The title also signals the book’s representational ambitions, its presumptuous narration of the moment Angot’s parents met, and her subsequent conception. This affected omniscience – for how could Angot really knowthe intricacies of her parents’ doomed encounter in such granular detail? – rescues the novel from any narrow debates about veracity. While in L’inceste, where reflexive, metafictional elements perforate the narrative, reminding us that we are reading a constructed literary artefact, An Impossible Love immerses the reader in both the solipsism of the two lovers and the wider world of French society in the 1950s, which is so cinematically evoked that the director Catherine Corsini adapted it into a lush melodrama in 2018. In place of the earlier novel’s meditation on incest as both a corporeal transgression and a seismic violation of the codes of representation, An Impossible Love marshals the tropes of detective fiction, seducing the reader with what Angot has called the ‘libidinal energy’ that pulses beneath trauma narratives.
In further contrast, Angot declines to render the abuse – or indeed the affair between her parents – in salacious detail. In Mortimer’s translation, Angot describes the relationship between her parents as ‘inevitable’ but also ‘unpredictable, incongruous’. It ‘escapes from the social order’ because the pair descend from polarized milieux: he from a multilingual bourgeois family in Paris; she from a small-town where the sole cultural ventilation came from the local cinema. The iron barrier of class, rather than mothers or daughters or the conditions of incest, is perhaps the substrate of An Impossible Love: the divergent sensibilities which mean that Pierre, while declaring his love for Rachel over long, intertwined afternoons and evenings, could never marry her, nor recognize their daughter as his own. ‘He had warned you from the beginning’, Christine reproaches her mother at one point. ‘Contact with his social person – by which I mean his milieu, his identity – was out of the question.’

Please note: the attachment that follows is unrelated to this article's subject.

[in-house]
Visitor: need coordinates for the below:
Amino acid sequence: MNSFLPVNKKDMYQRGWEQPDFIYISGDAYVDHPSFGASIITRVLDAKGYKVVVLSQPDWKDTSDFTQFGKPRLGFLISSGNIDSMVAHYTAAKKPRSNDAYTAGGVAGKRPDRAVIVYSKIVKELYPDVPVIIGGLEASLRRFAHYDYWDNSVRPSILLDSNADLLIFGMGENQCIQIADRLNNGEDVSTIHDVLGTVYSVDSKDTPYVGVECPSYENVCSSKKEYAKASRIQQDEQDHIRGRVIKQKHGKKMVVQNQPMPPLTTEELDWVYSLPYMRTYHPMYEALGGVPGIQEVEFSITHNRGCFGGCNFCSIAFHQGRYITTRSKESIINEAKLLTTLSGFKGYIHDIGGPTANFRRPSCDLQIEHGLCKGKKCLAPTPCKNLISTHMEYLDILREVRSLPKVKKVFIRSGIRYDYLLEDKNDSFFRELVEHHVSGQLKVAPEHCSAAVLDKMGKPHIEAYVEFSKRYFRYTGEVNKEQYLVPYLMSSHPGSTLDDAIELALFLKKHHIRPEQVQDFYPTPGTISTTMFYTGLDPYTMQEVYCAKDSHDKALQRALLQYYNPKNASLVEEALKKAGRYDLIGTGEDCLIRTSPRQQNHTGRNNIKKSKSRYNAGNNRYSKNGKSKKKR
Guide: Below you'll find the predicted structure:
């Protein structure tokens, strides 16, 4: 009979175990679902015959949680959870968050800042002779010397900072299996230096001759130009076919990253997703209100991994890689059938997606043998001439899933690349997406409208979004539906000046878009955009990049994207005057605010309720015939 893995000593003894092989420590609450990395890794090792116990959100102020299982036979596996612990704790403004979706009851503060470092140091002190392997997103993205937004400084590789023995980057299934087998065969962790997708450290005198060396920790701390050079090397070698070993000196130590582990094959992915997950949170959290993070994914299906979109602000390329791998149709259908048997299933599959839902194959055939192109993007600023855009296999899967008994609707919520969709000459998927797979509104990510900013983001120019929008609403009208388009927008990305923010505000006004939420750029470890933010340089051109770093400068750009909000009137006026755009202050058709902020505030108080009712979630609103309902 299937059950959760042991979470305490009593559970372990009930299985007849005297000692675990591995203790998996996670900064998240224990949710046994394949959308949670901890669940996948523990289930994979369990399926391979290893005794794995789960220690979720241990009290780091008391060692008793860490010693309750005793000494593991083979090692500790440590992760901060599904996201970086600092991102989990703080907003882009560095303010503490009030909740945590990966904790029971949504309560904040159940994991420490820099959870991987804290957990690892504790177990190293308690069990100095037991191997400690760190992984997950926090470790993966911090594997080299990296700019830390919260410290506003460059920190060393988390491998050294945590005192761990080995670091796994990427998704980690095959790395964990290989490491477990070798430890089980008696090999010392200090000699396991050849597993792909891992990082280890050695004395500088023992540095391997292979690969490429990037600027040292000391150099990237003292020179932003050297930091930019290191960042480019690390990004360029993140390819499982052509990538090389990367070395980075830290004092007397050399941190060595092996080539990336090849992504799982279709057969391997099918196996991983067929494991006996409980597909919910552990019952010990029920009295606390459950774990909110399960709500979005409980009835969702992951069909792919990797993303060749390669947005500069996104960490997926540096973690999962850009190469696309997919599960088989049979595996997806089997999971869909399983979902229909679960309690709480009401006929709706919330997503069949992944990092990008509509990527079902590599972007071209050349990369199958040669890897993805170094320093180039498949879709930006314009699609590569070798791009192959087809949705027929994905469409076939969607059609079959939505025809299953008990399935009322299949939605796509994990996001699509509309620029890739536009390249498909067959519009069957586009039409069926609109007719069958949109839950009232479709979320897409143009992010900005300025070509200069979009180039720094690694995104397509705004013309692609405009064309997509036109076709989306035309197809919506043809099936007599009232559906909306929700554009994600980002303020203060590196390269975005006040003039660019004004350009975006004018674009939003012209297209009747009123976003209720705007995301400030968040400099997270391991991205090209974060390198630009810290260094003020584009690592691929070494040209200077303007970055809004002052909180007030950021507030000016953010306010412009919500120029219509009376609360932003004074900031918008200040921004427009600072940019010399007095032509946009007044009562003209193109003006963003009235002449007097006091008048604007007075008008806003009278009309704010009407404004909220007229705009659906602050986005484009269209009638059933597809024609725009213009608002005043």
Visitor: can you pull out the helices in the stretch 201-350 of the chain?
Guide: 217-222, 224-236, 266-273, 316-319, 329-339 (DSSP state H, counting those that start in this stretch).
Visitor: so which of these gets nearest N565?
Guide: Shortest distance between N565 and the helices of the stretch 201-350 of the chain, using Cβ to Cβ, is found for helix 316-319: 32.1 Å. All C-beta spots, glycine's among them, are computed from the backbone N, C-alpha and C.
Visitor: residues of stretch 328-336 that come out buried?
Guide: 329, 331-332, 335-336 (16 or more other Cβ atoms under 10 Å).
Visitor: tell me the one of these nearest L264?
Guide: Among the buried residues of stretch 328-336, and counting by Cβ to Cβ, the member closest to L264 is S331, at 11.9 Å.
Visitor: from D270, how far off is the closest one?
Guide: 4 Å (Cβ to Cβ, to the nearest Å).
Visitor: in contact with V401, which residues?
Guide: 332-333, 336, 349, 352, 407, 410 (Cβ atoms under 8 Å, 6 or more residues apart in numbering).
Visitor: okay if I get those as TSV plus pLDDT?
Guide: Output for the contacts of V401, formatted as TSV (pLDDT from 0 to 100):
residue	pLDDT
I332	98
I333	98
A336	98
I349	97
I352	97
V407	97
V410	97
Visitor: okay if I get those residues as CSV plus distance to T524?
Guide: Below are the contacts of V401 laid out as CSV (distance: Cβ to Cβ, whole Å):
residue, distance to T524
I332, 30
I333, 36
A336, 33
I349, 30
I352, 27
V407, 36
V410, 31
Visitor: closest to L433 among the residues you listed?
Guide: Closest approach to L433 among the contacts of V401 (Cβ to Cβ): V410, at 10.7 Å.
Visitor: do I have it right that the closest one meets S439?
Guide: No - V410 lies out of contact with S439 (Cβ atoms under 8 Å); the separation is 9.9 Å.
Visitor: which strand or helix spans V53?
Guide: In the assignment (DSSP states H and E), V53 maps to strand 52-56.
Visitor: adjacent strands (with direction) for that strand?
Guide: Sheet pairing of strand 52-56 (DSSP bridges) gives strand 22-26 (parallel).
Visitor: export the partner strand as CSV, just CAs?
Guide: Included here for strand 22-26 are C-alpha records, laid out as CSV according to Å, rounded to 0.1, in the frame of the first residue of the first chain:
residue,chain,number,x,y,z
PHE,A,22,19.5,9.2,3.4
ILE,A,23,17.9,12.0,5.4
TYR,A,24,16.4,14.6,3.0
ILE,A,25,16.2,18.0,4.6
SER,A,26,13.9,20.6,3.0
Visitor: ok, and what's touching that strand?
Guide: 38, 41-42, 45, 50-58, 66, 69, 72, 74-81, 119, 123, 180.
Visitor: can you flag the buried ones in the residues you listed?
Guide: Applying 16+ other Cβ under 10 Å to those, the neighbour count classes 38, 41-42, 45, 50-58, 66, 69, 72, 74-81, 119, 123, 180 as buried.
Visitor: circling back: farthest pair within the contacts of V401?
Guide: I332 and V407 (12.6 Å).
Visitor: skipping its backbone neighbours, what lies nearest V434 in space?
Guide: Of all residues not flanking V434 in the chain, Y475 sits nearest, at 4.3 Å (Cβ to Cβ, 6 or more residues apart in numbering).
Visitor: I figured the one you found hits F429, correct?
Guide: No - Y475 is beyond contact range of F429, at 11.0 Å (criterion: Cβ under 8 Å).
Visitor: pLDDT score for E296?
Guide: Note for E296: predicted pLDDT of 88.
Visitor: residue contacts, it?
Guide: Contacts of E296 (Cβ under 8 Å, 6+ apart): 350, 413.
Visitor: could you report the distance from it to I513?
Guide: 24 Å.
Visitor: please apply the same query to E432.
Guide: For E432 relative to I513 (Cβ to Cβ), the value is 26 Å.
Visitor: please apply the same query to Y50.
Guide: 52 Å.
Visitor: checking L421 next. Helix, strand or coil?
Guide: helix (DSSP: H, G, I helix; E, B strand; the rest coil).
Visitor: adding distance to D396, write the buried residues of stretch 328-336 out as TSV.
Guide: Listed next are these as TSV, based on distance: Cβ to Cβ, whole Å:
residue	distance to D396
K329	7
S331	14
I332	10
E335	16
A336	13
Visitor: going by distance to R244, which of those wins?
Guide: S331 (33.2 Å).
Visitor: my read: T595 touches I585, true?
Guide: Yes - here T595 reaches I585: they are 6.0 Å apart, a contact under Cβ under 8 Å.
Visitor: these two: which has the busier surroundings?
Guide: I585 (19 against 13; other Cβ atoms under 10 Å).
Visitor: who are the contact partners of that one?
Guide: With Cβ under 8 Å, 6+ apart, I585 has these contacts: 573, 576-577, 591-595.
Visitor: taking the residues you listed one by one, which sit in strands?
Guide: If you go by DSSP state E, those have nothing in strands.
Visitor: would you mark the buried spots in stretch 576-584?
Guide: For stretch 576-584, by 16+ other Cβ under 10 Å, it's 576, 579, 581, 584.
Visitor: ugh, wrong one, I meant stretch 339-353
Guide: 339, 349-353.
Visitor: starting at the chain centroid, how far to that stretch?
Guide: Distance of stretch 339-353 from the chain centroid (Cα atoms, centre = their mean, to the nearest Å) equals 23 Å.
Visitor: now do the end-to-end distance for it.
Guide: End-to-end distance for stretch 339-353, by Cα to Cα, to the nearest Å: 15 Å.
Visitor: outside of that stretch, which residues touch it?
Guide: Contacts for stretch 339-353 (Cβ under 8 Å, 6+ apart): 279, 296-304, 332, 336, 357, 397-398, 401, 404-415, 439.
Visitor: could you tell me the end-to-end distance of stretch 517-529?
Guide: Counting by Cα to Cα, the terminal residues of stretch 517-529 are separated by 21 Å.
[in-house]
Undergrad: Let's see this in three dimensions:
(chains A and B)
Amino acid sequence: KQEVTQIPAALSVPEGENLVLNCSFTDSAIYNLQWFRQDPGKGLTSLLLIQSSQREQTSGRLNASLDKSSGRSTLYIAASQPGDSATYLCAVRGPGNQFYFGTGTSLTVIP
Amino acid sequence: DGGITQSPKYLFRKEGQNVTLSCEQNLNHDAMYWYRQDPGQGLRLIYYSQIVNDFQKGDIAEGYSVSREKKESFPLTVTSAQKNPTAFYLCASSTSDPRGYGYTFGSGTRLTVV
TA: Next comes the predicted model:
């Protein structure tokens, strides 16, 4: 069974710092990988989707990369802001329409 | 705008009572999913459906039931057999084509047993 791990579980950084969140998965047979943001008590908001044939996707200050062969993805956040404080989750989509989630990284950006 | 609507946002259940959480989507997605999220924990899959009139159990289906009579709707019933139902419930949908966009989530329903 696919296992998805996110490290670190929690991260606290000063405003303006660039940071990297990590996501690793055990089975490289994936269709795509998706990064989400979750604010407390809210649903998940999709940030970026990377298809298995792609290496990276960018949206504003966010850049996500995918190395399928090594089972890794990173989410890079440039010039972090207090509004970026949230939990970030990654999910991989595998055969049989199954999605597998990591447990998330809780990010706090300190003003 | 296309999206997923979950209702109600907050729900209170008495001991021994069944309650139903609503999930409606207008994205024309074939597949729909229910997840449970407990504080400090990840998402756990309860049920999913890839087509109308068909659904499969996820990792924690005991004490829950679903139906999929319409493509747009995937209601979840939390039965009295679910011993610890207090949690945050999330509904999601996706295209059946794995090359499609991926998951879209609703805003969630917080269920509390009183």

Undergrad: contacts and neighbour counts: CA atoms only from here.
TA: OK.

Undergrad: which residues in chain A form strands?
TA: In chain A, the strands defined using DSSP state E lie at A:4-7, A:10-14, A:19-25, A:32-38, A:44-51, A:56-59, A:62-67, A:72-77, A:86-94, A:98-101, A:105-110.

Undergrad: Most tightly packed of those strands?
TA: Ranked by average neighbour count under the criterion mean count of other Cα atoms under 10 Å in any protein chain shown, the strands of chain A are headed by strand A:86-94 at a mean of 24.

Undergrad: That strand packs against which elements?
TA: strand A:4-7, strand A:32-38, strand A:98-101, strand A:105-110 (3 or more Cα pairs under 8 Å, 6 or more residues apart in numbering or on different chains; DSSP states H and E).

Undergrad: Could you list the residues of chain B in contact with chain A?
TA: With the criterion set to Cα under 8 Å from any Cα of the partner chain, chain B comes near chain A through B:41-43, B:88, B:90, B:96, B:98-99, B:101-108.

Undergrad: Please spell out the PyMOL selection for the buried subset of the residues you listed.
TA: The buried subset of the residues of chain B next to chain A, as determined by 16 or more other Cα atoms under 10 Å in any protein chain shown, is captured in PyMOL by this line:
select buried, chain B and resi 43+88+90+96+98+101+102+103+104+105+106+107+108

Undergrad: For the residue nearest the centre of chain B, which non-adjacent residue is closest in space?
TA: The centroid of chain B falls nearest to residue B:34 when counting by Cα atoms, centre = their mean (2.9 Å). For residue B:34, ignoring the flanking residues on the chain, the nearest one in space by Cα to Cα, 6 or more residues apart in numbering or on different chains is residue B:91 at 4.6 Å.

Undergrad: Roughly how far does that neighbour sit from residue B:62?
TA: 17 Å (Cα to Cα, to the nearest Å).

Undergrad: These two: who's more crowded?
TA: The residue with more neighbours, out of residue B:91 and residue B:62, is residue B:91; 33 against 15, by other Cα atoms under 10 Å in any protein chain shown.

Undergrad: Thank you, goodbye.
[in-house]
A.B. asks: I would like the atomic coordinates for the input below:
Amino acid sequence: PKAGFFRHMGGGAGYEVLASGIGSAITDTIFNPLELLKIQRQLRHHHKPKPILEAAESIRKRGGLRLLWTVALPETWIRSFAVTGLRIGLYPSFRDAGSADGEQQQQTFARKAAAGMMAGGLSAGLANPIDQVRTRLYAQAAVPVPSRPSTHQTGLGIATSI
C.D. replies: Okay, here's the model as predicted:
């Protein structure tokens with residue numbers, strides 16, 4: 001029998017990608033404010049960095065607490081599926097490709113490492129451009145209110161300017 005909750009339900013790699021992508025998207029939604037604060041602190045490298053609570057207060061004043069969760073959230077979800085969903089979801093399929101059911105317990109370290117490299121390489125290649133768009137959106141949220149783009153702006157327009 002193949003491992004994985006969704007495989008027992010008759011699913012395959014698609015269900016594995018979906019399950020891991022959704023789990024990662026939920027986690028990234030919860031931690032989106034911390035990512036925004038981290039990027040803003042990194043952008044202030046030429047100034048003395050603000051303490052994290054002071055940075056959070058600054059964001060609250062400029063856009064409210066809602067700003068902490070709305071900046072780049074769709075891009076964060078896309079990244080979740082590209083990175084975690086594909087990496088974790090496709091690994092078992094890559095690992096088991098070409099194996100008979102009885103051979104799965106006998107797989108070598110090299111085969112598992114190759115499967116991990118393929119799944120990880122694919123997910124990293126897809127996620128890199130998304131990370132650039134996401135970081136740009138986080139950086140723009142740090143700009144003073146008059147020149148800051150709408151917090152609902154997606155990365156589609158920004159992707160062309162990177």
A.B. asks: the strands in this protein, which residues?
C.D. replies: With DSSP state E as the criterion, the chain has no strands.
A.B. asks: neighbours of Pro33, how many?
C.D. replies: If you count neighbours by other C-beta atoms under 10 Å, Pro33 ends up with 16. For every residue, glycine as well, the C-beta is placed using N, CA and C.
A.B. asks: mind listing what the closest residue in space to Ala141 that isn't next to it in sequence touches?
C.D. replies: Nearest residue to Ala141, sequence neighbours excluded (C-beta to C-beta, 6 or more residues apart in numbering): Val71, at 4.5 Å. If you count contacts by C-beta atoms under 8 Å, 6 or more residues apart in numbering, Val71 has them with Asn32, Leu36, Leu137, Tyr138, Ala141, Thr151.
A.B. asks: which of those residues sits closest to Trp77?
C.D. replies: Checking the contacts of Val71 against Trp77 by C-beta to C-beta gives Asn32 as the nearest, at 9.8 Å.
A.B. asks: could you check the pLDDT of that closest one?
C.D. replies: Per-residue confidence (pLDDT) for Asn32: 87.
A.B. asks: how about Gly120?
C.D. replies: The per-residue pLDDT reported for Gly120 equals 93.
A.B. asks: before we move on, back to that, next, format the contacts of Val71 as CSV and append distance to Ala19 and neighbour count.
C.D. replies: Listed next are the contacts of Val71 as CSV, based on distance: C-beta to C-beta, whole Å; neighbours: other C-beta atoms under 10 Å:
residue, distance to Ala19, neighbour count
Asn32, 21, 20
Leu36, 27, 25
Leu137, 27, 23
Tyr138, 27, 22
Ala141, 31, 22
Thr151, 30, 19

In interviews, Angot has scorned ‘testimonial literature’ as the sole genre afforded to survivors of abuse. The latter, she argues, have been permitted to ‘speak as much as they want’, yet their writing is rarely considered capital-L Literature. Still, there is something reportorial about the forensic prose of An Impossible Love. In preparation, Angot studied other writers’ texts about their mothers, including Georges Bataille’s Ma mère and Annie Ernaux’s Une femme (whose mode of sociological excavation bears some similarity to An Impossible Love, though Angot never goes quite as far as Ernaux’s bracing self-effacements). But Angot wanted her own effort, she says, ‘to be as if the little girl herself was writing.’ The result is that the text oscillates between the cadences of lullaby and an almost clinical register. The second mode is perhaps marginally more successful, in its counterposing of legibility to the hazy relativity that makes incest possible in the first place: the refusal to acknowledge the lines of filiation that make a father a father, a child a child.
Angot’s account of maternal indebtedness and entanglement recognizes that the autofictional self, though often viewed as narcissistic, is always embedded in a wider terrain of relationships and references. She is often criticized for repeating herself, for grimly circling the same narrow subject, much like her forebear Marguerite Duras – another survivor of abuse whose work folded and re-folded the worn fibres of her childhood. Yet Angot is interrogating the difficulties of persisting, of continuing, of somehow living in the present – and through her writing – despite a devastating past. An Impossible Love ends with an extended dialogue between mother and daughter in which Rachel, while making notes on Christine’s latest manuscript, interrupts the process to recall a memory of picking cherries in the garden of their former home in Chateauroux. The passage is vivid and resonant, yet it is not straightforwardly nostalgic. In typically rebarbative media appearances, Angot has suggested that there is no distinction between real and fake, nor true and false in literary writing. There is only ‘alive prose’ and ‘dead prose’. There are words that remain on the page, and those that somehow manage to transcend themselves. Angot’s writing lives.
Pascale Casanova, ‘Literature as a World’, NLR 31.